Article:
High school students testified at todays King County Council hearing regarding a resolution supporting their march for gun reform this Saturday.
High school students testified at today's King County Council hearing regarding a resolution supporting their march for gun reform this Saturday. King County Council

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Similar to a Seattle City Council resolution passed in support of student gun reform activist walkouts, the King County Council voted this afternoon to support students' March for Our Lives rally this coming Saturday. The council additionally urged Congress to "ban assault-style weapons" and the Washington State Legislature to repeal the state's law preempting local governments from passing their own firearm rules.

Still, even though the measure passed, the three Republican King County Council members voted against it. Council Member Kathy Lambert, who represents Duvall, North Bend, Snoqualmie, and Fall City, said she thought the state's preemption law was a good idea. Lambert also said she wished more people would talk about the safety of school buildings' designs.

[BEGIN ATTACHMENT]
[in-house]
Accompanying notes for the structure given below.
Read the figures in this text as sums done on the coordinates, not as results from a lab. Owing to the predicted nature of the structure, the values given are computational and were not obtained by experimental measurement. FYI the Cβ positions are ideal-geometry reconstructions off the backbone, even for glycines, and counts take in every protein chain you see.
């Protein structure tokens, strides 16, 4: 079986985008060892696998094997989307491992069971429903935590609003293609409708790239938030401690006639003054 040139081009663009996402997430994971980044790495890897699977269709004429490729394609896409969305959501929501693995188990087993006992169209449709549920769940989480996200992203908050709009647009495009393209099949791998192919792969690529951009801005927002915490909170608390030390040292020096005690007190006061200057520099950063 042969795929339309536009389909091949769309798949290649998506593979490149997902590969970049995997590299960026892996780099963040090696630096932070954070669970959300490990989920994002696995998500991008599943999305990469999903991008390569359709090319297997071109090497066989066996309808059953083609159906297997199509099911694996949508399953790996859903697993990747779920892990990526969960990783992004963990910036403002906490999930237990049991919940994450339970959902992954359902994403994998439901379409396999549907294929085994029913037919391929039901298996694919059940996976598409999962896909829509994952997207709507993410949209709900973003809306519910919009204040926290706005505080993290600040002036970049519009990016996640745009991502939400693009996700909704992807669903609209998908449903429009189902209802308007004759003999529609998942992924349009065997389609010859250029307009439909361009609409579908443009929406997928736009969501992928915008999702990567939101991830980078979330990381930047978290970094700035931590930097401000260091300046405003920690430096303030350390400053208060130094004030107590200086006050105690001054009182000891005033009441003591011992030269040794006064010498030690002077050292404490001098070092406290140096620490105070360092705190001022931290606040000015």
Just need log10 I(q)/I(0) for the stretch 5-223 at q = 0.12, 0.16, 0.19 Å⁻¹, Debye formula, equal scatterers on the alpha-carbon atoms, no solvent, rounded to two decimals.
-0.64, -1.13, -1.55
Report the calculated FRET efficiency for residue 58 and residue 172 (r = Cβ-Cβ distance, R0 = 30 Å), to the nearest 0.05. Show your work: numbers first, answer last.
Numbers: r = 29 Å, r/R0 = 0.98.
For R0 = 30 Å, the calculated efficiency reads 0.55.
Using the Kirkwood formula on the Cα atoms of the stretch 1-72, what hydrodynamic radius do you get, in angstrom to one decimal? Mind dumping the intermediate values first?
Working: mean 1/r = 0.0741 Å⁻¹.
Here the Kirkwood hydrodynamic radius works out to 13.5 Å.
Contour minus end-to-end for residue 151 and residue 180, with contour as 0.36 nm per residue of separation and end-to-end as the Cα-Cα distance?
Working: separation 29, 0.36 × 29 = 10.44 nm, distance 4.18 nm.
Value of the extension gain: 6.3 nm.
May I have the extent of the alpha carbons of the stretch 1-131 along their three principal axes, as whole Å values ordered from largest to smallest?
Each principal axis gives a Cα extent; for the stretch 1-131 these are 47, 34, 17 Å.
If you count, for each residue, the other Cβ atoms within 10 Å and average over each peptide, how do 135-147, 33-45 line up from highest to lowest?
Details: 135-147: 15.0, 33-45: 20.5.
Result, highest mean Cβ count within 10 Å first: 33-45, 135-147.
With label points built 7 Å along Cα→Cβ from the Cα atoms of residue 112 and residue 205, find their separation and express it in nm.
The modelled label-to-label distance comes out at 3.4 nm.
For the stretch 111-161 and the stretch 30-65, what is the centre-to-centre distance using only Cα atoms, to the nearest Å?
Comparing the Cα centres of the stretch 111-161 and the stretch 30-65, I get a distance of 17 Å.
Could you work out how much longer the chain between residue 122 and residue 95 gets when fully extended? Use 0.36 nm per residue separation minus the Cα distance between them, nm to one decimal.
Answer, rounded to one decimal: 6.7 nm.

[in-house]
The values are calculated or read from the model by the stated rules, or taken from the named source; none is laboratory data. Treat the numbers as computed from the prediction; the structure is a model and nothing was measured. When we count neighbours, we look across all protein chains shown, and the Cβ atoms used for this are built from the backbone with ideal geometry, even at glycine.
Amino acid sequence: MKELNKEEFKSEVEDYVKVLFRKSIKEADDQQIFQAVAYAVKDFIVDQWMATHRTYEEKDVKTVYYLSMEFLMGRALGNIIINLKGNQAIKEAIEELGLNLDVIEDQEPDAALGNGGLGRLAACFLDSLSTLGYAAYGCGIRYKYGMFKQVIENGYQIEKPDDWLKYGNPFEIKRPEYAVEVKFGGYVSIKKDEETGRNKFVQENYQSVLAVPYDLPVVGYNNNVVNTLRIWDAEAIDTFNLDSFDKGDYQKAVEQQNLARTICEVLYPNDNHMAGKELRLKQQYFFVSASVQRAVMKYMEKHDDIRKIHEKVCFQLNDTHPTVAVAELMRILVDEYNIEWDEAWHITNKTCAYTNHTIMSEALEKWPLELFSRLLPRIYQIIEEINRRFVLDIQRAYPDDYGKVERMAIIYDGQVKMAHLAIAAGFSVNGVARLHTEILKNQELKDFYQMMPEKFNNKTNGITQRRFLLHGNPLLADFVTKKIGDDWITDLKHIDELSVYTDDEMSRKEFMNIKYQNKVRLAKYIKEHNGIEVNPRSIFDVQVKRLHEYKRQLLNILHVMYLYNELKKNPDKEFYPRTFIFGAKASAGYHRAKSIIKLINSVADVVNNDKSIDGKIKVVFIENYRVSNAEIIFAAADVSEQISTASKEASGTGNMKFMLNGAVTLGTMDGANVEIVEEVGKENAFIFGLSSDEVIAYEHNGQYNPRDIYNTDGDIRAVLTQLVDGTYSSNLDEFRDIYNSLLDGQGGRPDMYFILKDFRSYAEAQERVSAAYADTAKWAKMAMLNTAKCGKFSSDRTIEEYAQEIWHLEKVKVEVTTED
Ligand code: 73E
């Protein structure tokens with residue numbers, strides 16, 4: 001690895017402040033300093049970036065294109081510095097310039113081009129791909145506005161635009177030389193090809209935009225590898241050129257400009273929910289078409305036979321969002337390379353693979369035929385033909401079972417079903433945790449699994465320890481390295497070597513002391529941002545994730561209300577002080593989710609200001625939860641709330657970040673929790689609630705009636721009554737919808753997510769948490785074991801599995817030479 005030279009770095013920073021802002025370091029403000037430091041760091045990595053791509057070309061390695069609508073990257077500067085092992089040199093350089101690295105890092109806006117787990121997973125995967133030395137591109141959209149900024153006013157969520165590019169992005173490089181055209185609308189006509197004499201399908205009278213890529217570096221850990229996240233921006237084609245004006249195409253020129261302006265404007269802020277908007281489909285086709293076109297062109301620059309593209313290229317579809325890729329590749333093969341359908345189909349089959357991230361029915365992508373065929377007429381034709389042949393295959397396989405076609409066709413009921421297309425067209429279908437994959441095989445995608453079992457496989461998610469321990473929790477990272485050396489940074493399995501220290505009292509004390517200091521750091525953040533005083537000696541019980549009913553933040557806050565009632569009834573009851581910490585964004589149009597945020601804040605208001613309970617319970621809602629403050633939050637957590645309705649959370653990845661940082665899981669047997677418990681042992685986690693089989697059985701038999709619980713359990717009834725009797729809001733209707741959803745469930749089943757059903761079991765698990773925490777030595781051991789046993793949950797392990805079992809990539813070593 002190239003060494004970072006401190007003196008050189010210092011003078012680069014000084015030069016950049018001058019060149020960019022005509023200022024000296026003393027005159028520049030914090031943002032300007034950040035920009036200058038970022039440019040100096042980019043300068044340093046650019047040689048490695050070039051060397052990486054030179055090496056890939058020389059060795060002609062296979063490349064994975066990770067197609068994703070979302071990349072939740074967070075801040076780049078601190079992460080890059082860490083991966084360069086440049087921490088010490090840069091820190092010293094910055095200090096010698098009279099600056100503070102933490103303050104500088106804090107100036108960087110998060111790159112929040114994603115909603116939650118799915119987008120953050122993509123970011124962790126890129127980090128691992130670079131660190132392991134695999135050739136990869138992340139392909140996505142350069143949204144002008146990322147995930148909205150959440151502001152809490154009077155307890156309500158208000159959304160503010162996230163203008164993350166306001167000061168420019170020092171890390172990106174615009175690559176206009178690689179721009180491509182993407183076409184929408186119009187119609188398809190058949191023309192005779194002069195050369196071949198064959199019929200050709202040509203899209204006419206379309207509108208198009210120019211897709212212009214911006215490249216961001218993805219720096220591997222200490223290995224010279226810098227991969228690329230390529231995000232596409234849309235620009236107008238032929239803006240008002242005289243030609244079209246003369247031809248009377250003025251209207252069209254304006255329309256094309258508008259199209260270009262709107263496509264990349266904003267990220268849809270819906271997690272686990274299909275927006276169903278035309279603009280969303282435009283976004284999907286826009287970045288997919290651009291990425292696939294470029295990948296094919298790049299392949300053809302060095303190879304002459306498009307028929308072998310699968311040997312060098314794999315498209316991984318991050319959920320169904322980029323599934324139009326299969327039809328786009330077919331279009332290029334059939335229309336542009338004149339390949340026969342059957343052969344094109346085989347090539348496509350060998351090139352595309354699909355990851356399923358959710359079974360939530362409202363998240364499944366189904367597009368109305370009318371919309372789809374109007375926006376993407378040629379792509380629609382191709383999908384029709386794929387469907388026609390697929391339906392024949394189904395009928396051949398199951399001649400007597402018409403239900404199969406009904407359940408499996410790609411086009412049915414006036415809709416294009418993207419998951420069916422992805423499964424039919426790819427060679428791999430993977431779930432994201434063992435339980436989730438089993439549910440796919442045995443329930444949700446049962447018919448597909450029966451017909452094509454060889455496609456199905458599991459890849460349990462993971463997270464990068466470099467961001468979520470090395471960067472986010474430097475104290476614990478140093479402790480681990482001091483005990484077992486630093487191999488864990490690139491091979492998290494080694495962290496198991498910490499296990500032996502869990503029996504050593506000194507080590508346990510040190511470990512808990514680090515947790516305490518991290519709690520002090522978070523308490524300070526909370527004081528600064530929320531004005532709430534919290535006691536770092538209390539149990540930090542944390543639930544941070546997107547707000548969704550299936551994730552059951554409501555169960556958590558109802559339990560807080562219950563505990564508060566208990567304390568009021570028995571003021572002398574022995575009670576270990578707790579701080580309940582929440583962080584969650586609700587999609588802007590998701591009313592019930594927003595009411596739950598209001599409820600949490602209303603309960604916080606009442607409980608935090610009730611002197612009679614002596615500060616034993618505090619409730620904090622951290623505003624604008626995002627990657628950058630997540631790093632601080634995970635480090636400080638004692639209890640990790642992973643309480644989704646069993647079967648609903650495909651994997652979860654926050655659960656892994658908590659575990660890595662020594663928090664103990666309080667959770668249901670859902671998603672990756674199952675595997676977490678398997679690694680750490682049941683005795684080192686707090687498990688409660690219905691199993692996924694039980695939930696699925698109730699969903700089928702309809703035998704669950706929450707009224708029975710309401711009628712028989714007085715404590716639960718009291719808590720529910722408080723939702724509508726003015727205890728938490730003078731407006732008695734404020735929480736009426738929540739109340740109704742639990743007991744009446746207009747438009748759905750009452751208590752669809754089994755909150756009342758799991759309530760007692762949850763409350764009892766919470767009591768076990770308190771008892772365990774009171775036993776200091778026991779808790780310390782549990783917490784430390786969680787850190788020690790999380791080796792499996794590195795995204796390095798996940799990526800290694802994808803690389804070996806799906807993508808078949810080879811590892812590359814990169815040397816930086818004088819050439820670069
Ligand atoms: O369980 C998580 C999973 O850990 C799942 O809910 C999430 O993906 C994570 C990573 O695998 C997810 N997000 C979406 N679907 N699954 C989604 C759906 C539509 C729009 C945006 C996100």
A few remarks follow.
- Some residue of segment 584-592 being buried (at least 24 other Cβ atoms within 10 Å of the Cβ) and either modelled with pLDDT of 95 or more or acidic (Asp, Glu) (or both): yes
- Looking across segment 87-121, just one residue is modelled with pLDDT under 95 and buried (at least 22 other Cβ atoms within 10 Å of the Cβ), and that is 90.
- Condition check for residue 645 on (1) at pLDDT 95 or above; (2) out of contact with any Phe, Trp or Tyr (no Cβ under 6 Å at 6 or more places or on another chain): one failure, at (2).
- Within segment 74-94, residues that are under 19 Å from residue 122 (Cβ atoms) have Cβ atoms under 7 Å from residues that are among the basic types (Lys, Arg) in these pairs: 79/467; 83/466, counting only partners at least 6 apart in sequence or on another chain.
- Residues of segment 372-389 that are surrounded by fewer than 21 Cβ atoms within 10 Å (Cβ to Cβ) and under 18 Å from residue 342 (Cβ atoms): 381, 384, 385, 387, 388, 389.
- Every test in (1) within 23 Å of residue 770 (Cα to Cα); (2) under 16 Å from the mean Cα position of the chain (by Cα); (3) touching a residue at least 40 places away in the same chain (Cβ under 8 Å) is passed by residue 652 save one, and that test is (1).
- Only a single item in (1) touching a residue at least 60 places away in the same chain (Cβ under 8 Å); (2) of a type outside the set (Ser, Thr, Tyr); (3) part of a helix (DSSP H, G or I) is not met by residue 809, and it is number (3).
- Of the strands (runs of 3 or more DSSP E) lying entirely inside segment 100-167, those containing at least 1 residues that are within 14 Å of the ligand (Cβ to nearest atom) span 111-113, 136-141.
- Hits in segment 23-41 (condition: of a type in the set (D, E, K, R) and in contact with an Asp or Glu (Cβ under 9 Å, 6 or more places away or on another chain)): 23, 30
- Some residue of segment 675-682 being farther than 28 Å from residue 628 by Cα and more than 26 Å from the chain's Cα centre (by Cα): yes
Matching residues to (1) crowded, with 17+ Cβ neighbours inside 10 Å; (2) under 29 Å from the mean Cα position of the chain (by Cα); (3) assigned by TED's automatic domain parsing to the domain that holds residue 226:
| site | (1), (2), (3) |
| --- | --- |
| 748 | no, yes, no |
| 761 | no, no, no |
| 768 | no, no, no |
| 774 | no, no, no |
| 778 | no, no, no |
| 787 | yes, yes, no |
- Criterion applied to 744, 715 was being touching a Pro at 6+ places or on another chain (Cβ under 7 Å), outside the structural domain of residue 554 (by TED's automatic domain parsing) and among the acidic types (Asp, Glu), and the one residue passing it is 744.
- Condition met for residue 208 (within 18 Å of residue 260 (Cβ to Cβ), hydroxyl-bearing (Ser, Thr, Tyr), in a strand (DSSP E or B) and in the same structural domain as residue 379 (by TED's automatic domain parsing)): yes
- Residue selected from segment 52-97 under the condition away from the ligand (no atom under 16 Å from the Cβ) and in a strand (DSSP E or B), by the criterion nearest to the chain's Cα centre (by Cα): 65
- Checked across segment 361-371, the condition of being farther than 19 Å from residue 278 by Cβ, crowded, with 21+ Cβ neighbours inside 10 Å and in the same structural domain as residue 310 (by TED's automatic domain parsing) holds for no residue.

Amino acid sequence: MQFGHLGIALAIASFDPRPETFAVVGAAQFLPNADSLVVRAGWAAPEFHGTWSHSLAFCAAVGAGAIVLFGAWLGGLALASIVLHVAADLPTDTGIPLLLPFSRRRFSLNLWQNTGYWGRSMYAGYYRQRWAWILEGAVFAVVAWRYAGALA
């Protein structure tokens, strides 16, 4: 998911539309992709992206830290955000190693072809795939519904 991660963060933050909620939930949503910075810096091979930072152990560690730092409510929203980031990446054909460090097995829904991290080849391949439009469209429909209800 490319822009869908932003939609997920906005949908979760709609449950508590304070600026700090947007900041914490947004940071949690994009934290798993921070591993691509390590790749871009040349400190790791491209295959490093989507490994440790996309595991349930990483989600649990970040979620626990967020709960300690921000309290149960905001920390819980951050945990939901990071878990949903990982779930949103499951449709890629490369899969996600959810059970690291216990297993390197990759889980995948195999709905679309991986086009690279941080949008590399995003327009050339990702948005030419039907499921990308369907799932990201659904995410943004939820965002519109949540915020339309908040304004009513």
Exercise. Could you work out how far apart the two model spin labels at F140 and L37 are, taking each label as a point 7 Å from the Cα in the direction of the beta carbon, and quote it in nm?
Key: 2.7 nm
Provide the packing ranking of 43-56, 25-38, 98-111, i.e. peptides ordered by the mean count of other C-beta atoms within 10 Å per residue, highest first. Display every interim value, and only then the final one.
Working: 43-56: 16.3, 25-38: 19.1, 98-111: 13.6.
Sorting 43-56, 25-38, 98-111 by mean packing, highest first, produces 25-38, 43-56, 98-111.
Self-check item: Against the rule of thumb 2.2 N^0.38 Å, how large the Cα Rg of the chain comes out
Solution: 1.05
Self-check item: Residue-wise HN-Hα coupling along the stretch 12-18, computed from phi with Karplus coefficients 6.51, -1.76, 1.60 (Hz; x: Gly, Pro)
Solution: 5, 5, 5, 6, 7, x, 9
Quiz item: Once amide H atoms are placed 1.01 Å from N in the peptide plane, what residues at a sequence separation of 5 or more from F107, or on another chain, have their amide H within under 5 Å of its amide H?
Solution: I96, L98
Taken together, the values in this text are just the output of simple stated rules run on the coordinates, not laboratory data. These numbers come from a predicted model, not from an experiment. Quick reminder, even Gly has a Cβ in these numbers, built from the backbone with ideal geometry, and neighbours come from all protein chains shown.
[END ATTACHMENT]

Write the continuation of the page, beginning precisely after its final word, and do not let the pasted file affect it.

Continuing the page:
"I think as we go through all of this, one of the things we really need to be looking at is: We're doing a policy that's making kids less safe and I don't think we're talking about this properly," Lambert said.

"I think we need to be thinking about all these policies when we say all these buildings need to be taller and bigger with more staircases," Lambert said. "To me that's just not safe."

Council Member Joe McDermott, a Democrat who ran for Congress two years ago, pushed back and said that guns should be at the top of the agenda. "School design is far down the list," he said.

State legislators introduced a bill this year to get rid of the state's preemption law, but it died in committee. The National Rifle Association fought the passage of a Seattle law to tax firearms, arguing that it violated the same state principle. The Washington State Supreme Court disagreed, and upheld the law.